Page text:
Reflections: The Power Of Faith

Have faith...I think if you keep looking, keep desiring, earnestly, never wavering, always with a pure heart and mind, freeing yourself from all impurities that threaten to distract you, derail you and get you off track, you'll find what you're looking for and just how you should apply it.

                                                                                   -- Memoirs Of A Secular Nun, Vol.1

Friday, 8 August 2014

Reflections: Regarding Dreams

'Why did she feel this disquietude in her heart? Why did she feel so unsure?? When she envisions it, it seems real, perfectly plausible, pragmatic and practical. When she brings her dreams to life however, they have this odd distorted quality about them. It's like they've lost their shine. They are no longer as bright and brilliant as when they lay in the noonday sun of her imagination. They hang limp, immobile, seemingly devoid of life except when she pokes at them to be sure. It's like inside her is the heaven where dreams come true, and the world outside the place where hope is ground to dust, where dreams flicker then fade, and joy is but a brief cloud's shade from the burning sun of despair. She wants so much to go back inside, to retreat into the heaven that lies within. But she can't let herself sleep, not yet...'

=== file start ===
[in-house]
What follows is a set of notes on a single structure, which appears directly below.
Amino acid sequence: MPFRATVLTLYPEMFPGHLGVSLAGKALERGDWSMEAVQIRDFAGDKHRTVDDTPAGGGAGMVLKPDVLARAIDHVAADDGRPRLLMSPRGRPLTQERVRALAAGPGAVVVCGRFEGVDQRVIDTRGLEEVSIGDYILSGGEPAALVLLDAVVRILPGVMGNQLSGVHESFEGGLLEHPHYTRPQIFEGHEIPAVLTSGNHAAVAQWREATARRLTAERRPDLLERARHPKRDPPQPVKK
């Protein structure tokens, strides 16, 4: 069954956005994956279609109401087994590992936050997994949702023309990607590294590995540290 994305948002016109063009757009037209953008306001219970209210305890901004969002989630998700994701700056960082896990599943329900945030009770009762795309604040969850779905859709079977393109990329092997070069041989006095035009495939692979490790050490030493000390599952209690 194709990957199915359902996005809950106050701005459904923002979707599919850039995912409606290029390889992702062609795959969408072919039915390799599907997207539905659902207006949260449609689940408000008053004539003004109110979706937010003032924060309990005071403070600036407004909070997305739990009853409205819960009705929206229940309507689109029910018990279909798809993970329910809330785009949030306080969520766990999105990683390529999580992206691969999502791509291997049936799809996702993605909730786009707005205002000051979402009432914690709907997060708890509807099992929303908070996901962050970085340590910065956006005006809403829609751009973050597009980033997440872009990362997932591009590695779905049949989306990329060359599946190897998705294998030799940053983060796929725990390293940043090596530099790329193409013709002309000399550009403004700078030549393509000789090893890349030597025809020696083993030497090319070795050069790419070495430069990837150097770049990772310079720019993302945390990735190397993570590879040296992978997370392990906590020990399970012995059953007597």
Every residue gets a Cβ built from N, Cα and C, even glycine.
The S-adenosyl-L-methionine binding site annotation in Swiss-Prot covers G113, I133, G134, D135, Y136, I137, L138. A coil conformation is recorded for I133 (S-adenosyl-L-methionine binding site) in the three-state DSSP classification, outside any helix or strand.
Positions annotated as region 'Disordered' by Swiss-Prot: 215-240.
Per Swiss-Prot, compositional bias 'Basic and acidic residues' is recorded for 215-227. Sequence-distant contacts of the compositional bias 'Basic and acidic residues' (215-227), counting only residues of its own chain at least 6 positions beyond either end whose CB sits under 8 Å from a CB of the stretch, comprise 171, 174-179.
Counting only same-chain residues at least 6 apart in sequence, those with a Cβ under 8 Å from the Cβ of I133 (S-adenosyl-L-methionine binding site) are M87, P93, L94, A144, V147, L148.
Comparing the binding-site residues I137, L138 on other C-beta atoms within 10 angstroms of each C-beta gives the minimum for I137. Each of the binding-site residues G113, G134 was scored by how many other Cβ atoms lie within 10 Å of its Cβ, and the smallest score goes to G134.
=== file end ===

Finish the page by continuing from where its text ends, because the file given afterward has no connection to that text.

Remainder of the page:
We all feel like that sometimes, or actually, a lot of the time. If we do not retreat, then we choose to give into the humiliation of surrender. Slowly but surely mellowing, modifying, and changing our hopes and dreams for what everybody else tells us is right. For the narrative society has laid out for us. For what the statistics point to as the logical conclusion. It is no longer uncommon to hear our once valued ambitions comfortably brought out into the light after some good food and drink, when everyone is happy, satisfied and relaxed, to be made fun of. To be reminded of what we used to say when we were children. When we didn't know any better. And we shall hang our heads in shame or smile in acceptance. 

Far better it is to dare mighty things, to win glorious triumphs, even though checkered by failure, than to rank with those poor spirits who neither enjoy much nor suffer much, because they live in that grey twilight that knows neither victory nor defeat.
-- Theodore Roosevelt